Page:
AF:  What about catcher Bruce Maxwell [who was recently promoted to Midland]? Tell me a little bit about where he’s at both at the plate and also behind the plate. His throwing has obviously improved tremendously.

bmDSC02921bxRC:  I think everybody believes that Bruce is going to hit. That’s what he is – he’s a hitter. So I don’t think that there’s any worry there. There’s some fine tinkering here and there. I think offensively his biggest challenge is just separating his offense from his defense. He would have a tendency to take an at-bat, be frustrated and go back behind the plate and make some silly mental mistakes as far as having some balls get by him, but he’s really cleaned that up…and he’s tightened his game up back there. He still has some work as far as just controlling the blocks consistently and not having the drops show up here and there. But as far as the way he’s thrown the ball, it’s been night and day from last year.

AF:  You’ve been with a lot of these guys for the past two seasons now. They seem like a pretty special crop of prospects to a lot of people. But you see more of them than anybody, so what’s your overall view of this group of players you’ve got here in Stockton?

RC:  I think everybody sees the talent on the field. It’s been a joy just to watch them play the game every single evening. But for me personally, just to be around them and see the way they interact in the clubhouse, to see the way they get their work done, to see the way that they influence not only the other position players but also the pitching staff and this group of 25 guys as a whole is really what makes them special. They really get it, they have leadership qualities, they’re just ballplayers and I just have to pinch myself when I think that the majority of them are still just 20 years old. But I’m excited for them. They’re great pieces for this organization. I don’t know what the long-term plan is for them. I know we’re in win-now mode in Oakland. So they’re valuable pieces. If they feel like they want to push them through and see them in Oakland one day, I would love that. But I know that they’re also valuable to help get a huge piece like what we’ve done with Addison Russell to get us [Jeff] Samardzija and [Jason] Hammel up there in the big leagues. So I’ve been blessed to be with them for two years and just enjoy being around them.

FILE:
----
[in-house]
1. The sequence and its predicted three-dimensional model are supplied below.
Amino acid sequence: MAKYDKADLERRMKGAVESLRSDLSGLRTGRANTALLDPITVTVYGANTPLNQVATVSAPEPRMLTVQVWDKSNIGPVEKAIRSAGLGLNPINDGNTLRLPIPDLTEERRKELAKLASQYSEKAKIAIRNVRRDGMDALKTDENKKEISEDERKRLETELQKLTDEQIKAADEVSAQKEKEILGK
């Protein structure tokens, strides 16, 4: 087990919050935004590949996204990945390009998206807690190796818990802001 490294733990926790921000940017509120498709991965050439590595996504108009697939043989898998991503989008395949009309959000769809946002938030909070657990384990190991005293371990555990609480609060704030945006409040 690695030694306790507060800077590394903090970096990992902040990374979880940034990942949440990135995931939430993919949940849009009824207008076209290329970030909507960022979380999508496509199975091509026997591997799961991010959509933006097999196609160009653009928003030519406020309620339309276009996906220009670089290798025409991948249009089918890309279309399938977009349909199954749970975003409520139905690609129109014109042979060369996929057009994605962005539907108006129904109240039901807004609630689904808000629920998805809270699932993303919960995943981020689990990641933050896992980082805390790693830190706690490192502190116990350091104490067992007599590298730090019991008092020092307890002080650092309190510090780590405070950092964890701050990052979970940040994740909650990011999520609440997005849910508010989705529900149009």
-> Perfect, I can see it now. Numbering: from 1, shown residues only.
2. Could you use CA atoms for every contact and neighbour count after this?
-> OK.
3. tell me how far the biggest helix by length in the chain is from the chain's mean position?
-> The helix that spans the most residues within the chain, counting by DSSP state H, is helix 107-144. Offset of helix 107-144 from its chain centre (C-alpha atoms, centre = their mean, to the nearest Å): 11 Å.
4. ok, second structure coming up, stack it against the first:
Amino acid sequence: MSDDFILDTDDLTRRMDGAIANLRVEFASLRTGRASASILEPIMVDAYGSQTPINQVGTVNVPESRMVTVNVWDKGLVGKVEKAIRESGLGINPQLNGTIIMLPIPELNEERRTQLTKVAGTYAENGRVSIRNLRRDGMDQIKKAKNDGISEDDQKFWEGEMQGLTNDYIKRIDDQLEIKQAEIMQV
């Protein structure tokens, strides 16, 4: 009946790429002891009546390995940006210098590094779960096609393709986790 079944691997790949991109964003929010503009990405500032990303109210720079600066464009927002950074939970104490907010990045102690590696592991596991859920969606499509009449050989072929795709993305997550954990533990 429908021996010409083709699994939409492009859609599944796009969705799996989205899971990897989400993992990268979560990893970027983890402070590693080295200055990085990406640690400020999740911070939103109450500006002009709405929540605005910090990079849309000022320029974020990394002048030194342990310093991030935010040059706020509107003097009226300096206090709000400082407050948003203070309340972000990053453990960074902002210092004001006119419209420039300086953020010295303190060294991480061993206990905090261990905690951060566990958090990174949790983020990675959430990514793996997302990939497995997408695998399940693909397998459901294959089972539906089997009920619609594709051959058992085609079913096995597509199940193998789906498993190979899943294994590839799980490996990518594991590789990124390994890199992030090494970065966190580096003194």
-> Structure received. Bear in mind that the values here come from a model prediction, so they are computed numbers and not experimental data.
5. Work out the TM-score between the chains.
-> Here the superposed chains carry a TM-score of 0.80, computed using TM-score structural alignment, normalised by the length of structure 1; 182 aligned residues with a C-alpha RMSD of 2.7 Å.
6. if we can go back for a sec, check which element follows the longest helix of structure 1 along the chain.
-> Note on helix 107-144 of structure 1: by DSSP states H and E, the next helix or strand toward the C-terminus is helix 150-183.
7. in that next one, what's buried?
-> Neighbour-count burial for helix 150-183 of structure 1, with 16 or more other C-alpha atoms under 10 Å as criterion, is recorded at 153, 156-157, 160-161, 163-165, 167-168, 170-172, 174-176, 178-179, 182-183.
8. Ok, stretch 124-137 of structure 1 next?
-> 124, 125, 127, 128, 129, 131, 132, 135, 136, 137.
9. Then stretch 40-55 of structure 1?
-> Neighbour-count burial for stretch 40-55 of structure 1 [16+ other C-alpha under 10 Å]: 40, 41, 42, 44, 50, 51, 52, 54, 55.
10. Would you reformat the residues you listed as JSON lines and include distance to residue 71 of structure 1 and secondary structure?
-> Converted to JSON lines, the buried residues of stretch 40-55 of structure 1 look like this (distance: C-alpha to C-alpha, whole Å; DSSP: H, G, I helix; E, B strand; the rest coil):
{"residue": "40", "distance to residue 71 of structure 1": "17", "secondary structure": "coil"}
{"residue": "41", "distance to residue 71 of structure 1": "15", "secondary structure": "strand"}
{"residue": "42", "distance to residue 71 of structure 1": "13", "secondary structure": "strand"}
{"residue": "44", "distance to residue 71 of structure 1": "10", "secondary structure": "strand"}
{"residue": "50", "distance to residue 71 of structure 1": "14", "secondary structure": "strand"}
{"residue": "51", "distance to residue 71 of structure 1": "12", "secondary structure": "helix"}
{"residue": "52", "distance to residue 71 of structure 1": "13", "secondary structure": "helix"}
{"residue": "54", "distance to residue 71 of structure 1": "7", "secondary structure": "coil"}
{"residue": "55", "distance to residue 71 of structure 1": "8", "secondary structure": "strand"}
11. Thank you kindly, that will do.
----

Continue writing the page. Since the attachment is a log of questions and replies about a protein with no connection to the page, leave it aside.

Be sure to like A’s Farm’s page on Facebook and follow us on Twitter @AthleticsFarm. You can also get our weekly A’s minor league newsletter e-mailed to you free by signing up here.